The year 2020 will forever be etched in our memories as the year the earth literally stood still as we struggle to make sense and adjust at a blistering pace to this new reality we have been unenthusiastically shoved into. The coronavirus has currently infected about 1.5 million people and almost 90 thousand deaths worldwide. The only continent free of this menace is the uninhabited Antarctica. Buzzling cities across the world have become ghost town as people retreat into their cocoons to protect not only themselves but their loved ones as well. Covid-19 has wreaked havoc on humanities social, economic, political fabric since it emerged from China sometime in December 2019.
Perhaps the only winner is the environment that has for once in a long time taken a deep breath of fresh air as industries, airplanes, cars, deforestation has come to a screeching halt. Pollution in New York has reduced by nearly 50% because of measures to contain the virus. In China, emissions fell 25% at the start of the year as people were instructed to stay at home, factories shuttered and coal use fell by 40% at China’s six largest power plants since the last quarter of 2019. The proportion of days with “good quality air” was up 11.4% compared with the same time last year in 337 cities across China, according to its Ministry of Ecology and Environment. In Europe, satellite images show nitrogen dioxide (NO2) emissions fading away over northern Italy. A similar story is playing out in Spain and the UK (Henriques, 2020). Perhaps this is one of the lessons from covid-19.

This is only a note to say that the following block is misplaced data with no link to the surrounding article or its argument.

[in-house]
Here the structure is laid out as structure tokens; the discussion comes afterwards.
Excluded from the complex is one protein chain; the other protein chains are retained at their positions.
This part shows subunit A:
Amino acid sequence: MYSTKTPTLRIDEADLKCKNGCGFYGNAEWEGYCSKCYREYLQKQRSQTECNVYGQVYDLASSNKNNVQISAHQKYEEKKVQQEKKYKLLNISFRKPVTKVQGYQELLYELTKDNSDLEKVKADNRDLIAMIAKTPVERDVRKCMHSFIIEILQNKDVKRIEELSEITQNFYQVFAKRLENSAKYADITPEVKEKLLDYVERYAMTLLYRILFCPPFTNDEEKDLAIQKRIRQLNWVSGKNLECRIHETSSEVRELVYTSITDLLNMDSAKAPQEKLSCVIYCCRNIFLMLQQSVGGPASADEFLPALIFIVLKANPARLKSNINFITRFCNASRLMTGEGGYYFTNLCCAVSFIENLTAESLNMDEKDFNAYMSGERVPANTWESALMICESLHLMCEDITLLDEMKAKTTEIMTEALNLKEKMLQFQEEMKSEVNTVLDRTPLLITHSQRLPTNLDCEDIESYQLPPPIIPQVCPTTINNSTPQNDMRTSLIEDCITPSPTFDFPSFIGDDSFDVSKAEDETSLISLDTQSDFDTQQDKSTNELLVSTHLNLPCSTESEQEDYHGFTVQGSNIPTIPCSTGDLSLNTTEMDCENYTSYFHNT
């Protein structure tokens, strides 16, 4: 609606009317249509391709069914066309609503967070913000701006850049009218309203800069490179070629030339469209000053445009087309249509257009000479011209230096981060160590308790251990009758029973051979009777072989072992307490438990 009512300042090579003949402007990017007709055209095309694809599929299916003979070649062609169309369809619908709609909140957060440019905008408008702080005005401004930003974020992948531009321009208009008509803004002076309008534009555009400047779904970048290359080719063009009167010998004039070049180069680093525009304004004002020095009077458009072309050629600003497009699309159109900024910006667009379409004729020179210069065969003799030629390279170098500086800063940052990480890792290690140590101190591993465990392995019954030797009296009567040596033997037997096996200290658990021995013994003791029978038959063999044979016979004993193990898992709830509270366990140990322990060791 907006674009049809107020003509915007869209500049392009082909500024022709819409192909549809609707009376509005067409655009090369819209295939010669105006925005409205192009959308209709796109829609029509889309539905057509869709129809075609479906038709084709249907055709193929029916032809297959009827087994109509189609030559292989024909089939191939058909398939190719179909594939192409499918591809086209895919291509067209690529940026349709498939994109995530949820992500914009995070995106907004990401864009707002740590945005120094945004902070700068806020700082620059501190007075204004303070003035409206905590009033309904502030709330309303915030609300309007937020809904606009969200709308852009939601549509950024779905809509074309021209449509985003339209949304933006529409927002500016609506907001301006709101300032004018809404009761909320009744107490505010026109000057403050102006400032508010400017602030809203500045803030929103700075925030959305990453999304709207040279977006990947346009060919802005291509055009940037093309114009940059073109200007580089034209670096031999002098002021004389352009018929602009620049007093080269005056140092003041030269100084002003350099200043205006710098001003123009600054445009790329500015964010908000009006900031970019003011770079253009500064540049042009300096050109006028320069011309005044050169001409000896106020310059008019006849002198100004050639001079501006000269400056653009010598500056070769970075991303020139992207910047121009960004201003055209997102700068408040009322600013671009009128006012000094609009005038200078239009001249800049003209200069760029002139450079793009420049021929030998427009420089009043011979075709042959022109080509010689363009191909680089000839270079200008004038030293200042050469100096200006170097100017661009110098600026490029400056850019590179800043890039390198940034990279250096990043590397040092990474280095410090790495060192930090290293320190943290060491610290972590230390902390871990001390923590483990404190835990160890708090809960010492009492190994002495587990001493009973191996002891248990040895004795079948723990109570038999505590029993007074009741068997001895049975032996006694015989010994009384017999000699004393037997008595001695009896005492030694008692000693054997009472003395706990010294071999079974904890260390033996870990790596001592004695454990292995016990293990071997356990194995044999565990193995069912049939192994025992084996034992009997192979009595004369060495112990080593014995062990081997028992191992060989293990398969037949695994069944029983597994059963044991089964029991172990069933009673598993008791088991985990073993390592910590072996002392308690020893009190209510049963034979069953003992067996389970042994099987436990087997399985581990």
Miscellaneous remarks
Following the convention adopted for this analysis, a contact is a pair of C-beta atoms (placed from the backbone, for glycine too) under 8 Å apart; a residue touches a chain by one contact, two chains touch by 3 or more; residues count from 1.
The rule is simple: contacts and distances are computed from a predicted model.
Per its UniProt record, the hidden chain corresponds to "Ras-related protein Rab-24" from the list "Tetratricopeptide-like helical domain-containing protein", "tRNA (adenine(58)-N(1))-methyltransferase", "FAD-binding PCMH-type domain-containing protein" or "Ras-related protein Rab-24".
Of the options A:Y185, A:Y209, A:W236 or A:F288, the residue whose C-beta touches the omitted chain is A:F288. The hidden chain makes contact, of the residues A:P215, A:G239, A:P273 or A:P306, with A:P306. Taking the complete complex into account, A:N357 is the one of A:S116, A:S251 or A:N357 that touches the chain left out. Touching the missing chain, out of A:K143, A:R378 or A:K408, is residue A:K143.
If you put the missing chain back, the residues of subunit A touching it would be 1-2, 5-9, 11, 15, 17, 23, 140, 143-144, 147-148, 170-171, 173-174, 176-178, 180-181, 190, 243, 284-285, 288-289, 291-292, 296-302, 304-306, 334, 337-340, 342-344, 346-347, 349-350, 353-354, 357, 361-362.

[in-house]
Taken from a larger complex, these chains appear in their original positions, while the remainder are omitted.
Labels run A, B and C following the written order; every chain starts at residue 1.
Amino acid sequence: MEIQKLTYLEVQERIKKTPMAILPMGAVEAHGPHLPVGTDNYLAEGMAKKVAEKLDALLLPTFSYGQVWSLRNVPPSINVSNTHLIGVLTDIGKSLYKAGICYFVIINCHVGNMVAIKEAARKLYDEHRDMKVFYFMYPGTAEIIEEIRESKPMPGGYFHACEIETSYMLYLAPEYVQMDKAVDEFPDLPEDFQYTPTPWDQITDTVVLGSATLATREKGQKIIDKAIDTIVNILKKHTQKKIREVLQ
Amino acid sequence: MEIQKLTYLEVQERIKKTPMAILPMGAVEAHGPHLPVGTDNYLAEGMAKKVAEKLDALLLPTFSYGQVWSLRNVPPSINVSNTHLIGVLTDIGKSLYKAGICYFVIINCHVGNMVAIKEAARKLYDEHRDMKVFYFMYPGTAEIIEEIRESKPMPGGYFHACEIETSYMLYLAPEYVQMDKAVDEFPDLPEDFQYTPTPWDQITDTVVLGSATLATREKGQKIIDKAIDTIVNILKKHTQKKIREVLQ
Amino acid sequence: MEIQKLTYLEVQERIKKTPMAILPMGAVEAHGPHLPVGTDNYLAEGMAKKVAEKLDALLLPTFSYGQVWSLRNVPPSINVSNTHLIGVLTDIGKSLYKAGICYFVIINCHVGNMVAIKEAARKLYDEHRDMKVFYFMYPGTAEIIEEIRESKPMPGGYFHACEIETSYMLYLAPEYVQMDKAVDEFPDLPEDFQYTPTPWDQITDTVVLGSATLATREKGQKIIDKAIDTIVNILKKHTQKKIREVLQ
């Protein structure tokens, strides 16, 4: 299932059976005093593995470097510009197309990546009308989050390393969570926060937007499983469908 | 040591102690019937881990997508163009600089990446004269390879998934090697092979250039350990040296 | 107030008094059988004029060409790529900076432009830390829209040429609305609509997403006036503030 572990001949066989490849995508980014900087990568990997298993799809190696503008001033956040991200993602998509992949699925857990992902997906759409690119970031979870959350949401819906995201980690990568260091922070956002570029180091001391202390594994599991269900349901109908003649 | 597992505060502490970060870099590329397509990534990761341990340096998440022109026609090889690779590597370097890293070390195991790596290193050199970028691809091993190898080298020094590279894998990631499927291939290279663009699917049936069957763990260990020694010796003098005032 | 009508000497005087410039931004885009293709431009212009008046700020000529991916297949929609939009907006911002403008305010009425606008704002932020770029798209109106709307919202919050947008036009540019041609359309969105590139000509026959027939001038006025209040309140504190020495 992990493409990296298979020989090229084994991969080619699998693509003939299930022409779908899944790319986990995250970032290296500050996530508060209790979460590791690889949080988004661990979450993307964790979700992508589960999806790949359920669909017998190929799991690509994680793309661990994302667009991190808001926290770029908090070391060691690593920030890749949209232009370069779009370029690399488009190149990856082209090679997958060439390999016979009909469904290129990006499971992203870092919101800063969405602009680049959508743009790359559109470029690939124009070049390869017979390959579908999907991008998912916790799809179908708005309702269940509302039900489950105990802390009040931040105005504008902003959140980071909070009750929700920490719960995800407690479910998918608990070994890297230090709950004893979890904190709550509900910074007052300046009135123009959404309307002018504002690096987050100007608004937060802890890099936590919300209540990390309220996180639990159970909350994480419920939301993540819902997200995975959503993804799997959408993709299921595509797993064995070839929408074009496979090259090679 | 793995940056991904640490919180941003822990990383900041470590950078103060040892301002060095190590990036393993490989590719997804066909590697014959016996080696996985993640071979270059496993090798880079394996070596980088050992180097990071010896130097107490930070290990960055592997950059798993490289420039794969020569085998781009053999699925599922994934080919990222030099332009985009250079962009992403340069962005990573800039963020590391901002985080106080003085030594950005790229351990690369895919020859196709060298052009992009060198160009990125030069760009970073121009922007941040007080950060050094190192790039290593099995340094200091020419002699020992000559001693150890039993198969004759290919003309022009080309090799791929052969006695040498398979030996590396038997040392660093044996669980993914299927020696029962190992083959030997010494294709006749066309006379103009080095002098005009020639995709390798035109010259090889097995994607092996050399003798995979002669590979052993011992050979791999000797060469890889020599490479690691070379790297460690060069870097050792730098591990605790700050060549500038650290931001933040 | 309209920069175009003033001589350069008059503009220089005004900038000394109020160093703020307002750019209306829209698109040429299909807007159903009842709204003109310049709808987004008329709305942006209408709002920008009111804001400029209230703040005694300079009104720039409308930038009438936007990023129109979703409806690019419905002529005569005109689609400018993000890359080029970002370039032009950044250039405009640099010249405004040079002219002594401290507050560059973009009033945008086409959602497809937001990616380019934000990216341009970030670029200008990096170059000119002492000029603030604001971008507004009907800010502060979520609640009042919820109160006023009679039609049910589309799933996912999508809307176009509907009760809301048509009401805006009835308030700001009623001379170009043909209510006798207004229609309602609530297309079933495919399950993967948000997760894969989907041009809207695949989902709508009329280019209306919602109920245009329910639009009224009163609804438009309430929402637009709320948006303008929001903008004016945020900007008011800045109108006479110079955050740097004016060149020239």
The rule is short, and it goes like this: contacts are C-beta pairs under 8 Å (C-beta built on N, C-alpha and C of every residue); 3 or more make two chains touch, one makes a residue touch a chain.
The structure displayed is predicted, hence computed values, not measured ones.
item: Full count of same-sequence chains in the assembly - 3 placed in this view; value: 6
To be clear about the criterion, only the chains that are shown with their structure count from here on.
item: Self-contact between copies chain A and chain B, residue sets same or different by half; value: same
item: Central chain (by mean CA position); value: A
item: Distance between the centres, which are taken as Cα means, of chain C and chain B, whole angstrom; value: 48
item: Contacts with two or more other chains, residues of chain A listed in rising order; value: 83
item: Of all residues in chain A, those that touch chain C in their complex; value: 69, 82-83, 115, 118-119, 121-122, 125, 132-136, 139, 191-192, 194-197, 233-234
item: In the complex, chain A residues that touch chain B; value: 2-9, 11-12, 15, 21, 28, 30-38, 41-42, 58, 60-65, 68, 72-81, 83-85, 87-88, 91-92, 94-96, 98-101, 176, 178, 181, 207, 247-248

This crisis although not surprising to some scientists, scholars and others who were concerned about our preparedness for the next pandemic since the SARS in 2003. The catastrophic failure of the public health system is a chronic lack of investment in the health sector by most liberal capitalist state and the privatization of health services. Some thinkers, economists and concerned citizens have started to question if capitalism is a system we would want to take with us into the future. Going forward, health and scientific research must be of utmost priority for all states instead of investing in murderous adventures.
Some have argued that disasters can bring out the best and worst in people and this pandemic is no exception. We have seen, heard or directly carried out profound acts of kindness since this calamity befell us. Despite the doom and gloom around us especially with so much negative media sensationalism around covid-19, we see Dave Jones “If anyone near our shop has to self-isolate over the corona virus and are on benefits I will put together a two week food parcel that will be delivered to your door.” Rebecca helps an elderly couple “I went to the grocery store this afternoon. As I was walking in I heard a woman yell to me from her car. I walked over and found an elderly woman and her husband. She cracked her window open a bit more, and explained to me nearly in tears that they are afraid to go in the store.”